“C'Mon dude!”: Users adapt their behaviour to a robotic agent with an attention model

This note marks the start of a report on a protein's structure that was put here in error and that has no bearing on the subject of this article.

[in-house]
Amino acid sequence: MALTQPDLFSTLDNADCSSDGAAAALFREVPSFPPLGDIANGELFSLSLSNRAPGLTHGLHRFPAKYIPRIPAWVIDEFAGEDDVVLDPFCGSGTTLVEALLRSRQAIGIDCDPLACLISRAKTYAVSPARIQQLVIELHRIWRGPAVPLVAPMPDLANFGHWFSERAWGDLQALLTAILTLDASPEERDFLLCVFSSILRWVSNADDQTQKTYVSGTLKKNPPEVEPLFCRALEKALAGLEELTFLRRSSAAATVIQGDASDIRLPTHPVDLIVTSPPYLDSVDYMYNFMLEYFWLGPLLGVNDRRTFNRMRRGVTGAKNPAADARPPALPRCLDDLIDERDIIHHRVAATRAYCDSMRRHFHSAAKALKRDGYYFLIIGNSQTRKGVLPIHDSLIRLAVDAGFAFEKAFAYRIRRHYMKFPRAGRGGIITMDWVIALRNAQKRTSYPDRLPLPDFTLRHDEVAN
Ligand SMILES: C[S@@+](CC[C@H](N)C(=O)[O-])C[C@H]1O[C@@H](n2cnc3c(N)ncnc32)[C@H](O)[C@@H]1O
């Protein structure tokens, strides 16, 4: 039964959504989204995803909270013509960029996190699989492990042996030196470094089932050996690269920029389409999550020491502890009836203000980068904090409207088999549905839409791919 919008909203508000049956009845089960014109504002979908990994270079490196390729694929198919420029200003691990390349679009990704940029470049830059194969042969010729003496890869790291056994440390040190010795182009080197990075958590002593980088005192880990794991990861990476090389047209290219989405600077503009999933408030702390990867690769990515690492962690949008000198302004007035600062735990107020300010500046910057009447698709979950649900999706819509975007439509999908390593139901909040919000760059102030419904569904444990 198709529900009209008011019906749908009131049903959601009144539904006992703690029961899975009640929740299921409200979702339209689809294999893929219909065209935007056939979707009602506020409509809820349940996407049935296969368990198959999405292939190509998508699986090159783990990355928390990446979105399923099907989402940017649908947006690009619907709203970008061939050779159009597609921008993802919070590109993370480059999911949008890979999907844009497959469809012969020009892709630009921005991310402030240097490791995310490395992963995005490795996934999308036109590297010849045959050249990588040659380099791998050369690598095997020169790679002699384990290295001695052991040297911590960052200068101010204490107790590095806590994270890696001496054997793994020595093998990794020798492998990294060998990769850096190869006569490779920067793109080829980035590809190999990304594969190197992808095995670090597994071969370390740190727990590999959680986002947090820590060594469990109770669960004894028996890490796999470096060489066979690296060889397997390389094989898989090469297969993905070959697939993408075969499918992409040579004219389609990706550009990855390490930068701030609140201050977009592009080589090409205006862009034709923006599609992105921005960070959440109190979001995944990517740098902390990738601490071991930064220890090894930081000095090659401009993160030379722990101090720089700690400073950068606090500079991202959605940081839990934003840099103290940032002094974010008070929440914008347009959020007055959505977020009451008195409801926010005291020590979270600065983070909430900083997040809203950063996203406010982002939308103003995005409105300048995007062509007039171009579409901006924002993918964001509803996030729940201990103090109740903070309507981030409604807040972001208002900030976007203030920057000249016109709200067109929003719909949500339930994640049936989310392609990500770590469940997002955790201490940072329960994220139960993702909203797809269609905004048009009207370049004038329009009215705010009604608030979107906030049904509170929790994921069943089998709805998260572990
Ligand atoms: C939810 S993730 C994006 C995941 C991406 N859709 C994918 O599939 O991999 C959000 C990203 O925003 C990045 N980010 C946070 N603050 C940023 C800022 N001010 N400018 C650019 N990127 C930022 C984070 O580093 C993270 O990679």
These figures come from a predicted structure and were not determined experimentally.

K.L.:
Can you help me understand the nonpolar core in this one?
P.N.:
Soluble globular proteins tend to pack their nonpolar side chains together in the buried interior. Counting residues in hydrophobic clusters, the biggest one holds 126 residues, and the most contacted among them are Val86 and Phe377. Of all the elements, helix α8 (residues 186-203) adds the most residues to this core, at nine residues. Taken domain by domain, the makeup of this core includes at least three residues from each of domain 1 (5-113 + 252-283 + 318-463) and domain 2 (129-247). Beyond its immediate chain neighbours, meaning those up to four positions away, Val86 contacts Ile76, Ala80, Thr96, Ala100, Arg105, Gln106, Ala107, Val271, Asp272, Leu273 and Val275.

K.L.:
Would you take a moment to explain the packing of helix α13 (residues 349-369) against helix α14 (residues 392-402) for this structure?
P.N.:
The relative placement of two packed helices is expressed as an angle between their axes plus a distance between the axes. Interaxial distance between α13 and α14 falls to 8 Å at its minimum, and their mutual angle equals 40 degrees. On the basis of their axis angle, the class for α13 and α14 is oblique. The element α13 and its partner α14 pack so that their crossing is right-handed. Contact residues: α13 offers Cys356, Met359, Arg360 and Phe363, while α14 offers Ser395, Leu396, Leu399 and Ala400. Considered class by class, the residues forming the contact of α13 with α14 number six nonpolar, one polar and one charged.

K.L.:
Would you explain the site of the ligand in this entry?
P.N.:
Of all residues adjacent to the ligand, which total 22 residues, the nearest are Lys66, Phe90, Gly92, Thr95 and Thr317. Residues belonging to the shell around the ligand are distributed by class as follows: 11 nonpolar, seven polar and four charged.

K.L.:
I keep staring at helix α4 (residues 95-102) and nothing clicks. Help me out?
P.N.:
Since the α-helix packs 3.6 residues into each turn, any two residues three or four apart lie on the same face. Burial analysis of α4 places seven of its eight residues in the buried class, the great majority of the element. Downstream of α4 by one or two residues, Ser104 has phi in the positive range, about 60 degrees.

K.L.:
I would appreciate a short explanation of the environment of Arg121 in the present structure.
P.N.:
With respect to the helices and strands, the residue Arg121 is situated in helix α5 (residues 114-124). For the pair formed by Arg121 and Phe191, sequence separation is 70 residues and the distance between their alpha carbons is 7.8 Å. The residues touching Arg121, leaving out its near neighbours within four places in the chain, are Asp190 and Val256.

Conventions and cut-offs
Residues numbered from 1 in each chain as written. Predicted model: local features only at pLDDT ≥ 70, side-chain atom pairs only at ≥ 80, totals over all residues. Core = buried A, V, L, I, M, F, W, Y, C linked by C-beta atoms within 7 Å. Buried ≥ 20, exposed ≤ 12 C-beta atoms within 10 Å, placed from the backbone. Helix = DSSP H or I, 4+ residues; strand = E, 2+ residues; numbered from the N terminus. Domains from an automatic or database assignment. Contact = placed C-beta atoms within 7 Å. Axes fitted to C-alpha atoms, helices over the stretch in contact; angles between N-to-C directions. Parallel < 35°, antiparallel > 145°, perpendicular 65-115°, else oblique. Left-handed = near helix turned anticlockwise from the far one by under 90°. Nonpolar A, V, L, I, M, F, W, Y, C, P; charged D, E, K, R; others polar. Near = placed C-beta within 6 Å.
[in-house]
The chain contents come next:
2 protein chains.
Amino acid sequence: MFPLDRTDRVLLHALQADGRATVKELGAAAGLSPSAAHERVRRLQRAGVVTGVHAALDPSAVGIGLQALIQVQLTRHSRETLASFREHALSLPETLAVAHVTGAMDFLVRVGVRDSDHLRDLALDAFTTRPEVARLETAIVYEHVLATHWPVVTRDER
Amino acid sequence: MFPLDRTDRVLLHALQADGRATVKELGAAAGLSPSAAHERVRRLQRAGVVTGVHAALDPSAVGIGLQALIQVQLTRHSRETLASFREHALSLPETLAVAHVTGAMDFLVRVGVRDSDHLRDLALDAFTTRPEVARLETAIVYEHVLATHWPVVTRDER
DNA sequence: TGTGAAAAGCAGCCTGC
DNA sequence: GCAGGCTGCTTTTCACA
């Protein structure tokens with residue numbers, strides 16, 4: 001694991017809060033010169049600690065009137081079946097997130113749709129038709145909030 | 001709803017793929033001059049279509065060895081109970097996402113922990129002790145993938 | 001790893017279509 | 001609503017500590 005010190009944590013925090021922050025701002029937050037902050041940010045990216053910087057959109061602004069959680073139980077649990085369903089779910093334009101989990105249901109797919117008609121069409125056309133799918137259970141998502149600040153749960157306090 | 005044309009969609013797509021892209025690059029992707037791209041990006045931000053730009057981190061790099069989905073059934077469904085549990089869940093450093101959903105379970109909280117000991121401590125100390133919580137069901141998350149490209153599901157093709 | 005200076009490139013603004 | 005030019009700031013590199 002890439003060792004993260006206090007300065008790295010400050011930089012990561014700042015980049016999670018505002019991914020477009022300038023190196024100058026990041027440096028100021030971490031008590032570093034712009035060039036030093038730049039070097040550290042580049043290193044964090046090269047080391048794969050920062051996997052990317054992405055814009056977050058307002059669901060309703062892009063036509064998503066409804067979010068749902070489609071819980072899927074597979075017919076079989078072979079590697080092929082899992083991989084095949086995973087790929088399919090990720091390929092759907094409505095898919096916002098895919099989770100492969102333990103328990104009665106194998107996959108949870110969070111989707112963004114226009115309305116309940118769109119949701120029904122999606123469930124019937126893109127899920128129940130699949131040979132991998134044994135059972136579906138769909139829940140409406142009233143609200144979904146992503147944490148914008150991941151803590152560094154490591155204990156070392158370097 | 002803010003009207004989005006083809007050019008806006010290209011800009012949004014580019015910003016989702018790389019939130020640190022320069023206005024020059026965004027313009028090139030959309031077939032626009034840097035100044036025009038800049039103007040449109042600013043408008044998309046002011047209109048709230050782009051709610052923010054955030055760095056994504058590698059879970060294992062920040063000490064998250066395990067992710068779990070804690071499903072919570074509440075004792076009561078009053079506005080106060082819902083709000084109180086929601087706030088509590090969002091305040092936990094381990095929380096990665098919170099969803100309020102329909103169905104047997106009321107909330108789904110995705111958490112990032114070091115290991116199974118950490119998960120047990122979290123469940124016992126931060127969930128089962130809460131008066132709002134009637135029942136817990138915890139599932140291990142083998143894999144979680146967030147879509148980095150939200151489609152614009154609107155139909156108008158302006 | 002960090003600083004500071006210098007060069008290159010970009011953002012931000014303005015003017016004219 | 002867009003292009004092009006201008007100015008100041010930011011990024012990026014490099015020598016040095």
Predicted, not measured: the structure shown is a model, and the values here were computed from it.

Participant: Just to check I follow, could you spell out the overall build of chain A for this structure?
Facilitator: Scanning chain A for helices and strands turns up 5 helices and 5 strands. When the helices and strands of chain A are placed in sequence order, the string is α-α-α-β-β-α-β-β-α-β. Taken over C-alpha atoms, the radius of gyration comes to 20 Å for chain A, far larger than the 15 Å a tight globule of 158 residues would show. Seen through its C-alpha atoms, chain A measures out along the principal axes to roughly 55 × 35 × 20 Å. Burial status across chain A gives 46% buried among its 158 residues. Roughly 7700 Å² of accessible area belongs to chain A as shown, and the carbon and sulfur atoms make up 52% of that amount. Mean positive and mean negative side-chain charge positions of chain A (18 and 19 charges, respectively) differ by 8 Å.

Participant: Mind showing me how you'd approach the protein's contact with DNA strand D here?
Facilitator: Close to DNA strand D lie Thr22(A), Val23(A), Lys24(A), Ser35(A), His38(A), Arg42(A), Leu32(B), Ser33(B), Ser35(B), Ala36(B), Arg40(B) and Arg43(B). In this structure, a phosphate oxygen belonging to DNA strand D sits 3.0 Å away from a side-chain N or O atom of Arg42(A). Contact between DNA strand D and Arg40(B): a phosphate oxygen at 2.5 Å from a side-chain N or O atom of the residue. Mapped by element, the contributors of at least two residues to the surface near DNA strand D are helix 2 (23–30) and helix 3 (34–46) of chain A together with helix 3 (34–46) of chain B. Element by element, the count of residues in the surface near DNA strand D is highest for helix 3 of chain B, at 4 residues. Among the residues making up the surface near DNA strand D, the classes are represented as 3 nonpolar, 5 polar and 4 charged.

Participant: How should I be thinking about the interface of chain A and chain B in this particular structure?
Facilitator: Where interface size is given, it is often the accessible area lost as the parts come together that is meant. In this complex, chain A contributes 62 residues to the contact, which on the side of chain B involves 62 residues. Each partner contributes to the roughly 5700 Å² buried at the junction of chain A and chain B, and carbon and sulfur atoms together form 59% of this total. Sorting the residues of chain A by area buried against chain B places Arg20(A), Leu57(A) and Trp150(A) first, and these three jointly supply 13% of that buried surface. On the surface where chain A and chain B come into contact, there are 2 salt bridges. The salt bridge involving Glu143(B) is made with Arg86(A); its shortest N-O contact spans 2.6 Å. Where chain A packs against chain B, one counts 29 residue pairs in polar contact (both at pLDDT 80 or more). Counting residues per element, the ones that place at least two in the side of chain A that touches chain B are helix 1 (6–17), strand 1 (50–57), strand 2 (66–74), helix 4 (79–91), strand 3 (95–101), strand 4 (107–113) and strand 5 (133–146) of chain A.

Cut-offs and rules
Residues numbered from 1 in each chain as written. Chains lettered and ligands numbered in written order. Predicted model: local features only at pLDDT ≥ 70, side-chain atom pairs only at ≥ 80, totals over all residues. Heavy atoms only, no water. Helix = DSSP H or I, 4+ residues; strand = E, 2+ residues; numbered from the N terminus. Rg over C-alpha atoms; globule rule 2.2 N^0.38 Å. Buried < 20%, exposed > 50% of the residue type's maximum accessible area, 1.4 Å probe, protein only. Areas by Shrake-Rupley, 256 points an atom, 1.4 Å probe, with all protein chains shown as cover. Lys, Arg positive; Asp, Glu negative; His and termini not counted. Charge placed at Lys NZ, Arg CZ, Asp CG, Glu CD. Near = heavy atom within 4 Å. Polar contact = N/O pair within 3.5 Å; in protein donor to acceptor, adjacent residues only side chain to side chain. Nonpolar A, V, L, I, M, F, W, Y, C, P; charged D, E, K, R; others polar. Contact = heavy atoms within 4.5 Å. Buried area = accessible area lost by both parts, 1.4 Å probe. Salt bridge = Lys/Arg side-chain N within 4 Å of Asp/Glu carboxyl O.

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Social cues facilitate engagement between interaction participants, whether they be two (or more) humans or a human and an artificial agent such as a robot. Previous work specific to human–agent/robot interaction has demonstrated the efficacy of implemented social behaviours, such as eye-gaze or facial gestures, for demonstrating the illusion of engagement and positively impacting interaction with a human. We describe the implementation of THAMBS, The Thinking Head Attention Model and Behavioural System, which is used to model attention controlling how a virtual agent reacts to external audio and visual stimuli within the context of an interaction with a human user. We evaluate the efficacy of THAMBS for a virtual agent mounted on a robotic platform in a controlled experimental setting, and collect both task- and behavioural-performance variables, along with self-reported ratings of engagement. Our results show that human subjects noticeably engaged more often, and in more interesting ways, with the robotic agent when THAMBS was activated, indicating that even a rudimentary display of attention by the robot elicits significantly increased attention by the human. Back-channelling had less of an effect on user behaviour. THAMBS and back-channelling did not interact and neither had an effect on self-report ratings. Our results concerning THAMBS hold implications for the design of successful human–robot interactive behaviours.
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